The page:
A truce between Israel and Hamas will be extended by two days, mediator Qatar said hours before the pause was due to end Tuesday, as more hostages were freed from Gaza in exchange for the release of dozens of Palestinian prisoners.
"The Palestinian and Israeli sides have reached an agreement to extend the humanitarian pause in Gaza for two additional days under the same conditions," Qatar's foreign ministry said in a statement on X, formerly Twitter.
Militant group Hamas also confirmed the extension, though there was no official word from Israel.
The extension came as 11 more hostages were freed from Gaza, along with the release of another 33 Palestinian prisoners -- the last exchange under the existing deal.
The extension of the truce was welcomed internationally, with UN Secretary General Antonio Guterres calling it "a glimpse of hope and humanity in the middle of the darkness of war".
The truce has paused fighting that began when Hamas militants poured over the border into Israel, killing 1,200 people, mostly civilians, and kidnapping dozens, according to Israeli officials.
Israel's retaliatory ground and air operation in Gaza has killed almost 15,000 people, mostly civilians, according to the territory's Hamas government.
Late Monday, 11 hostages arrived in Israel, the country's military said.
"Our forces will accompany them until they are reunited with their families," it said in a statement, adding that the military "salutes and embraces the released hostages upon their return home".
Most of the group are dual nationals, with Argentinians, Germans and French among those released, and all 11 were from the Nir Oz kibbutz, the community said.
The releases brought "a sigh of relief to our community, however we remain deeply concerned about our loved ones that are still held hostage," kibbutz official Osnat Peri said.
Images released by the Israeli military showed French-Israeli child Eitan Yahalomi reunited with his mother, who gripped him tightly to her.
Shortly after the arrival of the hostages was confirmed, Israel's prison authority said 33 Palestinian inmates had been released.
In east Jerusalem, prisoner Muhammad Abu Al-Humus called his release "an indescribable joy" and kissed his mother's hand as he entered his home, while crowds in the West Bank town of Beitunia waved green Hamas flags to greet those arriving on a coach.
But nearby there were also clashes with Israeli troops by Ofer prison, with Palestinians burning tyres and throwing stones. The Palestinian health ministry said one person was killed.
In all, 50 Israeli hostages have been released under the truce deal, in exchange for 150 Palestinian prisoners, with another 19 hostages freed under separate agreements, including Thai workers and a dual Russian-Israeli citizen.
Hamas said it was now drawing up lists of additional hostages to be released, though the process is reportedly complicated by the fact that some are held by other militant groups.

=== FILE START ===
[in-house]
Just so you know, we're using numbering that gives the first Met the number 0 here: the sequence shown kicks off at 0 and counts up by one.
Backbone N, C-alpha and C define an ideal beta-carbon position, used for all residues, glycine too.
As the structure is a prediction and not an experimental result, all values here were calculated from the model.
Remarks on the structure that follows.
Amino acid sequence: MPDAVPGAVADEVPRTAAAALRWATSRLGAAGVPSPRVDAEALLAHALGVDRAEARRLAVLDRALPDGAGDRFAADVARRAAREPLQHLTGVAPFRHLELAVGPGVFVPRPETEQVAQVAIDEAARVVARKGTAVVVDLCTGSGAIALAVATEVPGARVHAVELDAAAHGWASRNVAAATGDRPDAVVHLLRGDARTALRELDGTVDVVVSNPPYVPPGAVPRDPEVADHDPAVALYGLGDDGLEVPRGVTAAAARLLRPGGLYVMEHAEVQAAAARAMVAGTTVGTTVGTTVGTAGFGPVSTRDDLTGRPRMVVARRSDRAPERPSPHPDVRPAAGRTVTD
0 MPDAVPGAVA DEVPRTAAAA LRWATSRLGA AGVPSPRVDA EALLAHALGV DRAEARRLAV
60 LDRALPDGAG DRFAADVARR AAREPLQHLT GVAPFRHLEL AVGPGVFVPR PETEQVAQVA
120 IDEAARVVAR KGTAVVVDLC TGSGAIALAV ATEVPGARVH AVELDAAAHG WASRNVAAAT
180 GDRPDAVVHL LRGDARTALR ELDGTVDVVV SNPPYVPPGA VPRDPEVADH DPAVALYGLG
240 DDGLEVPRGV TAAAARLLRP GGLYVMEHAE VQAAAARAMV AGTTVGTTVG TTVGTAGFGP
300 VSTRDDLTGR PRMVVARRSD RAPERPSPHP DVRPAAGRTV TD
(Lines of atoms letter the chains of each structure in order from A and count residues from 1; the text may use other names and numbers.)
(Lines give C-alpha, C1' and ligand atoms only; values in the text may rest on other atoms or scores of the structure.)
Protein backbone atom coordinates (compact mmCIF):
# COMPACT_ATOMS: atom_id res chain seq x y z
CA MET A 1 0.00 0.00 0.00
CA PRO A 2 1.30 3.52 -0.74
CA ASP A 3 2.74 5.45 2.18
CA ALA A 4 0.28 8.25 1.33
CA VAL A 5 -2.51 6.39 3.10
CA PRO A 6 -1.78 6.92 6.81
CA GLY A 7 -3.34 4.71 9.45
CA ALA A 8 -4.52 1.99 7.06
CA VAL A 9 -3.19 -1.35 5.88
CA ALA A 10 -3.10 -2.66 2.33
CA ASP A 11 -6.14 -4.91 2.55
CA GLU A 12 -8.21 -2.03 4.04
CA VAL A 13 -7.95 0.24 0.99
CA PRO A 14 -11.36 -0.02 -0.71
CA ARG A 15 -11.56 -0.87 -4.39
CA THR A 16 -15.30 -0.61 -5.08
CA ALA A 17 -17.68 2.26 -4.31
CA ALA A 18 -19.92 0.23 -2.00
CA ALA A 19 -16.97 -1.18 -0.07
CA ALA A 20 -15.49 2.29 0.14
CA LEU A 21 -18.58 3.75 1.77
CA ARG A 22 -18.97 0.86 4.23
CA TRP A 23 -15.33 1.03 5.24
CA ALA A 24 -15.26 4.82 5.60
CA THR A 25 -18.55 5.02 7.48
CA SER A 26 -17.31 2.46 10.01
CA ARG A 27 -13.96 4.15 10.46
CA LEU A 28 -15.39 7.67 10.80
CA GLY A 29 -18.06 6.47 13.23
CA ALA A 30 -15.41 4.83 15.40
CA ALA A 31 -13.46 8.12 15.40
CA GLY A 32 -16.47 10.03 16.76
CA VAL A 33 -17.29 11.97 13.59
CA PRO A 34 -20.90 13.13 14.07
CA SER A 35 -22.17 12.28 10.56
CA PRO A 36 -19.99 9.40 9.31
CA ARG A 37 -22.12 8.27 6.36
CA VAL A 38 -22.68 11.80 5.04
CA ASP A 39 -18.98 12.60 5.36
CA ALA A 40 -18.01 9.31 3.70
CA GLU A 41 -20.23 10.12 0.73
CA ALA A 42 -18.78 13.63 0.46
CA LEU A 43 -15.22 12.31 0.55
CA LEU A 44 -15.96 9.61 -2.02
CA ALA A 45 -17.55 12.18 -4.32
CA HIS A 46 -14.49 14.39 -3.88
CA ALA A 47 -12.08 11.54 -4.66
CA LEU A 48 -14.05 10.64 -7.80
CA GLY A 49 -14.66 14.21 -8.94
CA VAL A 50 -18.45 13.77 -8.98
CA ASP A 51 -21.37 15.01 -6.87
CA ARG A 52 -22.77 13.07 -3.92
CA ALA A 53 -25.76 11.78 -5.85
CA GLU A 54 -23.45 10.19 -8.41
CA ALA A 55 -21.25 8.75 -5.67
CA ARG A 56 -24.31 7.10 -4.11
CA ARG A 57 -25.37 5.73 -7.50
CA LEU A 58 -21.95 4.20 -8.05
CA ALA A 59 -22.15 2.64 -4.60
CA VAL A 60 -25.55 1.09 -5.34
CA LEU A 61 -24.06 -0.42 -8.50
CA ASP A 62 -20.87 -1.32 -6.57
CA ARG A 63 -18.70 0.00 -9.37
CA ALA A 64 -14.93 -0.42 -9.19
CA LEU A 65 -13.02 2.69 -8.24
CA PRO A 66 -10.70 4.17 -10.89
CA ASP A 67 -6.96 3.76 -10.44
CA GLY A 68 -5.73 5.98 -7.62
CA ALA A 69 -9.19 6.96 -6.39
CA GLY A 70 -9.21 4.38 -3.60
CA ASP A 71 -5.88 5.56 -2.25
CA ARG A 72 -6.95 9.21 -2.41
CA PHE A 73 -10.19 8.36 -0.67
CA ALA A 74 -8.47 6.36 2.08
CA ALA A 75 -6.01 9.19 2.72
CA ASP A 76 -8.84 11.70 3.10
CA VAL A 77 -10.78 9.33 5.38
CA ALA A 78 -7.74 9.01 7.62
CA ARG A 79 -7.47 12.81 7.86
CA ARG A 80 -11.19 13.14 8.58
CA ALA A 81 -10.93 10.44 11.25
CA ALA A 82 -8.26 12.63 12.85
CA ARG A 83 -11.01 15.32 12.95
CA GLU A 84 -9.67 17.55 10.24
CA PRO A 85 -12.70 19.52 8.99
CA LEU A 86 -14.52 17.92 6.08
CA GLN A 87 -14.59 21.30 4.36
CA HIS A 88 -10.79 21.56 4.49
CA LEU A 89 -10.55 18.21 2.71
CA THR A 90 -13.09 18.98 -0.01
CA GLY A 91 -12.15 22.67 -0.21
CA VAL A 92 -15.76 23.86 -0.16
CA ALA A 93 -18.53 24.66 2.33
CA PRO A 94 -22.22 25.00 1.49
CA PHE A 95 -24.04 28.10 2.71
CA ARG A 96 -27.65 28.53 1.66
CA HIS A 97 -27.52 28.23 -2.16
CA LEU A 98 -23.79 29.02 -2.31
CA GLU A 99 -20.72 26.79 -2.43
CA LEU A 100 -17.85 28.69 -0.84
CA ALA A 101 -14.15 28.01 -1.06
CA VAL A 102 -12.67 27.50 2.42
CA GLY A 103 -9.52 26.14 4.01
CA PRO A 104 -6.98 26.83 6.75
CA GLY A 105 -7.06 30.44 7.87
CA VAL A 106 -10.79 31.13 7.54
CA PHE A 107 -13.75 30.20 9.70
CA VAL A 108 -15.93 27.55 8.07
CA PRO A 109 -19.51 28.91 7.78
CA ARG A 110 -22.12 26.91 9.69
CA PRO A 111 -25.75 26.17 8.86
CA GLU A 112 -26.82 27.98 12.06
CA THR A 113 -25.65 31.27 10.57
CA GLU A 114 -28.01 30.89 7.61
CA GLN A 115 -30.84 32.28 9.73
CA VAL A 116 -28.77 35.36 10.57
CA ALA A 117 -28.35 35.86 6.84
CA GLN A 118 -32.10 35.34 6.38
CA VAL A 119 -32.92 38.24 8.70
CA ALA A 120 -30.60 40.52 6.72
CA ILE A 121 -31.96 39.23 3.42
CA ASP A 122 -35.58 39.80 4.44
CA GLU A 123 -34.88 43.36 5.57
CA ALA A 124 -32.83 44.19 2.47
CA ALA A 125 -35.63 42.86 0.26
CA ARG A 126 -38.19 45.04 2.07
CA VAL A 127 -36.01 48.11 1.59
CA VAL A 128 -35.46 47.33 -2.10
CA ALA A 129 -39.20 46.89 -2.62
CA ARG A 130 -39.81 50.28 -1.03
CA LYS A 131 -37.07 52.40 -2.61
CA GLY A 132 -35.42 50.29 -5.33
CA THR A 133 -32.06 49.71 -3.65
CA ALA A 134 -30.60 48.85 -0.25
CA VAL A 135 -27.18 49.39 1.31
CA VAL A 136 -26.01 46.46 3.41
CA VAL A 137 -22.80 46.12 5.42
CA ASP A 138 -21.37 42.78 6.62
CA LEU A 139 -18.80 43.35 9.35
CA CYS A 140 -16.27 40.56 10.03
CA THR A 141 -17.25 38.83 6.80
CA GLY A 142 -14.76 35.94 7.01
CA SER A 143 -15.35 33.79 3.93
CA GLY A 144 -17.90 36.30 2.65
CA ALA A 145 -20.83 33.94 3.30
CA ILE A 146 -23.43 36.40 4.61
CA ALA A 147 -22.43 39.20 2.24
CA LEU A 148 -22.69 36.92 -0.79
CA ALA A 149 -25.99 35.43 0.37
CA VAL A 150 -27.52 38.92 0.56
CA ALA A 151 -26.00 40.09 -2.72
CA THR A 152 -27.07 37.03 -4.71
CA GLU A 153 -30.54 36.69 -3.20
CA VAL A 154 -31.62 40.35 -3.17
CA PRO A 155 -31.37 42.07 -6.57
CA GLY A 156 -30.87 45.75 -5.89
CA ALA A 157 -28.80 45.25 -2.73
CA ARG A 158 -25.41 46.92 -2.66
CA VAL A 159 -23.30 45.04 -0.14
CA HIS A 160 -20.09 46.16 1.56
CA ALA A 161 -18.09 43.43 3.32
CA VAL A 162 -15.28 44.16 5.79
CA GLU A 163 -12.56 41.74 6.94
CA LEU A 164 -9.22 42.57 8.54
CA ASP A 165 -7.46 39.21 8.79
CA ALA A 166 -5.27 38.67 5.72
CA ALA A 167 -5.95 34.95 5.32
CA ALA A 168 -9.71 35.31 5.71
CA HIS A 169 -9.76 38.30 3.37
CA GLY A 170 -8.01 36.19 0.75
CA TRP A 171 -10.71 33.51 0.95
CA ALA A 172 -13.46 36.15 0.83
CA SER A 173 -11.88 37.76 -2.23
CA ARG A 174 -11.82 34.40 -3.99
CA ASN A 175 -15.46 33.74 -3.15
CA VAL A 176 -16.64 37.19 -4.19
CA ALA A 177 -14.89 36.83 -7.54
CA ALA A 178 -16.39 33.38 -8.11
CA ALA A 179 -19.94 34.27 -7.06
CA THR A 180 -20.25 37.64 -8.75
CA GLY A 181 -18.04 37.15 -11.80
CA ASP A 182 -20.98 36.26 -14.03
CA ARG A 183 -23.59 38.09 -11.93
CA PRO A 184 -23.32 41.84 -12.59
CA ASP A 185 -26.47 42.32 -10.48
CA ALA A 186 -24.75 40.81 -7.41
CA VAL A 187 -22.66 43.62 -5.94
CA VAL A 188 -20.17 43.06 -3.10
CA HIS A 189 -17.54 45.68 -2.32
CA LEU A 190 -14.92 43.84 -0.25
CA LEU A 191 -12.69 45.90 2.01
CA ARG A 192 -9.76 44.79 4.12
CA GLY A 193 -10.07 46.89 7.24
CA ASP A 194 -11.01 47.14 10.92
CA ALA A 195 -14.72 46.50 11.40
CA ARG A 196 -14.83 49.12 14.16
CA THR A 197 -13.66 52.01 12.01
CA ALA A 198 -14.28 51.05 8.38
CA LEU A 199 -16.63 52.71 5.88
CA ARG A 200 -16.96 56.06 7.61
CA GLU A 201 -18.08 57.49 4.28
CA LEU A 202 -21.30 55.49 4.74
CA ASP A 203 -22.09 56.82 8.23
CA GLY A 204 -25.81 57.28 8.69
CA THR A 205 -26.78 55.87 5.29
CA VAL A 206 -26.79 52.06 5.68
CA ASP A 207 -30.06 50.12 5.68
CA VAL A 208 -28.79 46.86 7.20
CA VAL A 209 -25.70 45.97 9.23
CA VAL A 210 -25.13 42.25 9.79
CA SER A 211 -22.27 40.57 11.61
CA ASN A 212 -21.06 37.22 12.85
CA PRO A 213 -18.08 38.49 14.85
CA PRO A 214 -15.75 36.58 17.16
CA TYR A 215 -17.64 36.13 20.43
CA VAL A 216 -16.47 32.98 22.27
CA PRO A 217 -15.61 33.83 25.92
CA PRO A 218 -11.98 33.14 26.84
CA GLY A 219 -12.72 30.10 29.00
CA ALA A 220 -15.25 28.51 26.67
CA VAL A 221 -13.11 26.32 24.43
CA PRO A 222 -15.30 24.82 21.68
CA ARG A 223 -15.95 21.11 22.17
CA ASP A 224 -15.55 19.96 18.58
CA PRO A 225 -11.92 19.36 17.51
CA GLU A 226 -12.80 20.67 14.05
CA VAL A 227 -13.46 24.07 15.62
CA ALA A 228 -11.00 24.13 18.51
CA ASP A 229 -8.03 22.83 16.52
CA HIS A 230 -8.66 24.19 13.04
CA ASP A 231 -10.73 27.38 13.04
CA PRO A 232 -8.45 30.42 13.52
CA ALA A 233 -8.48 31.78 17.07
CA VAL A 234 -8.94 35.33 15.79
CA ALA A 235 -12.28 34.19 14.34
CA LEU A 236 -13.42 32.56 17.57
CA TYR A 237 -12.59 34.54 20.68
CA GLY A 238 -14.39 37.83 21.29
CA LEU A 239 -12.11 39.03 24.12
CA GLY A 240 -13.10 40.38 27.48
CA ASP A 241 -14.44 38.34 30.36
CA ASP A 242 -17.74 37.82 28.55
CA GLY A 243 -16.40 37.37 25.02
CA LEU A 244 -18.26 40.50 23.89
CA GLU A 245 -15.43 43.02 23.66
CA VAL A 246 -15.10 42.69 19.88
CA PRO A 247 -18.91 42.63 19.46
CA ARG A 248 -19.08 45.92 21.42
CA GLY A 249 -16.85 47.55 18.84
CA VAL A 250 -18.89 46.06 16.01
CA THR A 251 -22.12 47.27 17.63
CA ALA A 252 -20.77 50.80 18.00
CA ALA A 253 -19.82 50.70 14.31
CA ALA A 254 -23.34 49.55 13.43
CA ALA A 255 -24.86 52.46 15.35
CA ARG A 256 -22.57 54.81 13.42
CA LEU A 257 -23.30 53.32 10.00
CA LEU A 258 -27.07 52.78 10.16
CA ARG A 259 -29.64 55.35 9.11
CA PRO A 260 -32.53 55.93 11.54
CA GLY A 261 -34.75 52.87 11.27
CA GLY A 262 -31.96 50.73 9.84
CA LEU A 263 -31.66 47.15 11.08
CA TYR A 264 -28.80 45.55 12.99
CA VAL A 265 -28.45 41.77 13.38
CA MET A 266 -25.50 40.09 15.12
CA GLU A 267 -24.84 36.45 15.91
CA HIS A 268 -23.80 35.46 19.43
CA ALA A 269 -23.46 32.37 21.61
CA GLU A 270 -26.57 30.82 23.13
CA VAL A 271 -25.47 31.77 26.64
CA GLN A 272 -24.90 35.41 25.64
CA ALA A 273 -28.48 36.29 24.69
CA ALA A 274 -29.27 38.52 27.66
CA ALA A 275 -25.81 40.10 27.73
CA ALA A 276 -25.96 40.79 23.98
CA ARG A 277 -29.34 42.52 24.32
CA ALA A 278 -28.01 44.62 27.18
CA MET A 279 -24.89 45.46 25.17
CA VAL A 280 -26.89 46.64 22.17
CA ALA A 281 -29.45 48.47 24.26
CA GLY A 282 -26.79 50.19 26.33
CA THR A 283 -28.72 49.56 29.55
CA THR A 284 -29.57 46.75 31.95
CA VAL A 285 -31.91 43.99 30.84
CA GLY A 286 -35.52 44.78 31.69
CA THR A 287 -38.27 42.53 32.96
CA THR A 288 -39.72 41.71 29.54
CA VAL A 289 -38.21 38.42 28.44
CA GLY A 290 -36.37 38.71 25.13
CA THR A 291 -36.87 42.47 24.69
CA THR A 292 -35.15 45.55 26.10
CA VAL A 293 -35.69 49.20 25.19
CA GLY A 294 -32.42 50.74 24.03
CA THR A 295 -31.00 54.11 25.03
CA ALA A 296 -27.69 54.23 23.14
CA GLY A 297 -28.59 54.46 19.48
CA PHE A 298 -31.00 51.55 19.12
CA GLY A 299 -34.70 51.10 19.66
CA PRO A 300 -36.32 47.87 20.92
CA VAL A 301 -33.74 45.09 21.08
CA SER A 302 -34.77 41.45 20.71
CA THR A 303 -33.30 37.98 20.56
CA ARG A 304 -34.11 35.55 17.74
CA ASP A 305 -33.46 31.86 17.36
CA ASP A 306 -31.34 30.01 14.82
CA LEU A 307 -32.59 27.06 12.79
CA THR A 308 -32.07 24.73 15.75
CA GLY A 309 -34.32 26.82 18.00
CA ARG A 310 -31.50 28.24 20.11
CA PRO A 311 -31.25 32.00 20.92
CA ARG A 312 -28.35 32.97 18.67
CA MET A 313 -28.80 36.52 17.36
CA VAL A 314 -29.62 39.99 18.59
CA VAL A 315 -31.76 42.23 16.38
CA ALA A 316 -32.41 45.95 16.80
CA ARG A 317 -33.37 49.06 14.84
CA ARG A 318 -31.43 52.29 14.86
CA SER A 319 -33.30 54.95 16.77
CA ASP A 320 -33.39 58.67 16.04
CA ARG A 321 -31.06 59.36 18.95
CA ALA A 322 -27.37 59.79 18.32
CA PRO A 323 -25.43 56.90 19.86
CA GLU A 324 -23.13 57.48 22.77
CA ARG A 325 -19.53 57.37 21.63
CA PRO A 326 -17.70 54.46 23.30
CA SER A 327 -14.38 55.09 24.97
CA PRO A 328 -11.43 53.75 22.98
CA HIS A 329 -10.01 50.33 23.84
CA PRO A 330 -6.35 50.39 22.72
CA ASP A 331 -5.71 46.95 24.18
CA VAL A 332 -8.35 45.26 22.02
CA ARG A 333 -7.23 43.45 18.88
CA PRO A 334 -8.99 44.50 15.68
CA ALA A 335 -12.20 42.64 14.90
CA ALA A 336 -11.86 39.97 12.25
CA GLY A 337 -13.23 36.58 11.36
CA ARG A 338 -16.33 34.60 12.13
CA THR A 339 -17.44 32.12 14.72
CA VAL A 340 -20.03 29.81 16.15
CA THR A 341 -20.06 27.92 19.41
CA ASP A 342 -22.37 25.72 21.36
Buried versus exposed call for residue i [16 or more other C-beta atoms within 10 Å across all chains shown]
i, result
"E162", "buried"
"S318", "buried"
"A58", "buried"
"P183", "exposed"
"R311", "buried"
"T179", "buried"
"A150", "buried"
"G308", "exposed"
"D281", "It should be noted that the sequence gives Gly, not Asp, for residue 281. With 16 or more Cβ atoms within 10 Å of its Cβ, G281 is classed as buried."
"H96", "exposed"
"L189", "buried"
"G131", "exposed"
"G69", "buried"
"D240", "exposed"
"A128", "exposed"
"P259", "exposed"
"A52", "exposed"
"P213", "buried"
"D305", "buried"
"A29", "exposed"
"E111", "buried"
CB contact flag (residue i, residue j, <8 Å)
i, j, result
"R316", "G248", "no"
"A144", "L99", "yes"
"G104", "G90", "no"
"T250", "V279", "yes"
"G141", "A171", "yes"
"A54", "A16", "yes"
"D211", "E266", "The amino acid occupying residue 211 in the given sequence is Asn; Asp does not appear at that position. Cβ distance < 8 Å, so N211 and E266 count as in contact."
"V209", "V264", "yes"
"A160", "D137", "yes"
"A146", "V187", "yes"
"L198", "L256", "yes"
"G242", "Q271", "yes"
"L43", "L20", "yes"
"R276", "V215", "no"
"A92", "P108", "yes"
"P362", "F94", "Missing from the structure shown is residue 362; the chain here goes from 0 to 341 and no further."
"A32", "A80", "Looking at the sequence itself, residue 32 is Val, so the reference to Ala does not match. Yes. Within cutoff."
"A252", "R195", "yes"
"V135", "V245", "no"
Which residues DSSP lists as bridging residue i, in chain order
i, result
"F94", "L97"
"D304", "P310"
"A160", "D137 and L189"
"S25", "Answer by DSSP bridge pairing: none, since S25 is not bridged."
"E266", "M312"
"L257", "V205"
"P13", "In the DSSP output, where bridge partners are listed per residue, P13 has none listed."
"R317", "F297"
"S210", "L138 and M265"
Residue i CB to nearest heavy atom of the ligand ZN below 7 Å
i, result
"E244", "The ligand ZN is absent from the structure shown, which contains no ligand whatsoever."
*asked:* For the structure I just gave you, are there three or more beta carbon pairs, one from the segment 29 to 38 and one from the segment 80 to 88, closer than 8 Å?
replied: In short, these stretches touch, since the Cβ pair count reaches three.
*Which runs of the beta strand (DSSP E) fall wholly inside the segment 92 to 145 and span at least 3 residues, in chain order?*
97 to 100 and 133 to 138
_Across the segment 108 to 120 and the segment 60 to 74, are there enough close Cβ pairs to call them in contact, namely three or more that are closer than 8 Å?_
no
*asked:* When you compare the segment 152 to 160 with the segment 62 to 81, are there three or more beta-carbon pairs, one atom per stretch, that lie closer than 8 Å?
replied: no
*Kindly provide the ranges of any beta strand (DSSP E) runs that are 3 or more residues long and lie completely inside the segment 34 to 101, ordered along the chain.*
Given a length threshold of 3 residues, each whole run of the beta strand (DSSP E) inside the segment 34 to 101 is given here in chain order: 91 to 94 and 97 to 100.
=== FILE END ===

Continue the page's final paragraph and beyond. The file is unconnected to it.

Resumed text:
US National Security Council spokesman John Kirby said that "in order to extend the pause, Hamas has committed to releasing another 20 women and children".
Israel views the truce as temporary to secure hostage releases and plans to continue its war, with the government agreeing a 30.3 billion shekel ($8.2 billion) war budget that will now go to parliament.
But it faces increasing pressure for a more lasting ceasefire and the ramp-up of humanitarian aid to Gaza, where an estimated 1.7 million people have been displaced, according to the United Nations.
This week, US Secretary of State Antony Blinken will pay his third wartime visit to the Middle East, meeting Israeli Prime Minister Benjamin Netanyahu in Tel Aviv and Palestinian president Mahmud Abbas in Ramallah.
"The secretary will stress the need to sustain the increased flow of humanitarian assistance to Gaza, secure the release of all hostages and improve protection to civilians in Gaza," a senior US official said.
He will discuss "the principles he laid out for the future of Gaza and the need to establish an independent Palestinian state," the official added.
Inside Gaza, the Hamas-run health ministry said no fuel had arrived for generators at hospitals in the territory's north, despite the truce.
And UN official Tor Wennesland warned the humanitarian situation "remains catastrophic."
It "requires the urgent entry of additional aid and supplies in a smooth, predictable, and continuous manner to alleviate the unbearable suffering of Palestinians in Gaza," the UN special coordinator for the Middle East peace process said.
The truce has allowed residents who fled fighting in northern Gaza to return to Gaza City, which has been ravaged by relentless Israeli bombardment.
People walked or bicycled along debris-lined streets, where the cars were flattened and buildings torn apart.
Gaza City Mayor Yahya al-Siraj said that without fuel, the territory could not pump clean water or clear waste accumulating in the streets, warning of a potential public health "catastrophe".
The fighting has left many with devastating injuries, which doctors in Gaza have struggled to treat because of limited supplies.
Clean-up was under way at Gaza's largest hospital, Al-Shifa, which Israel targeted saying it was used as a command centre by Hamas.
"We hope it can soon resume its activities," said Gaza health ministry spokesman Mahmud Hammad.
A limited number of Palestinians have been airlifted to the United Arab Emirates for treatment after crossing from Gaza to Egypt, including seven-year-old Yussef, who gnawed on his nails next to his mother Nouzha Fawzi.
"He was not like that before," she said of Yussef, who suffers the blood disorder haemophilia.
"Since the war, he no longer speaks much. He is afraid of everything," she added. "He asks me if he will die."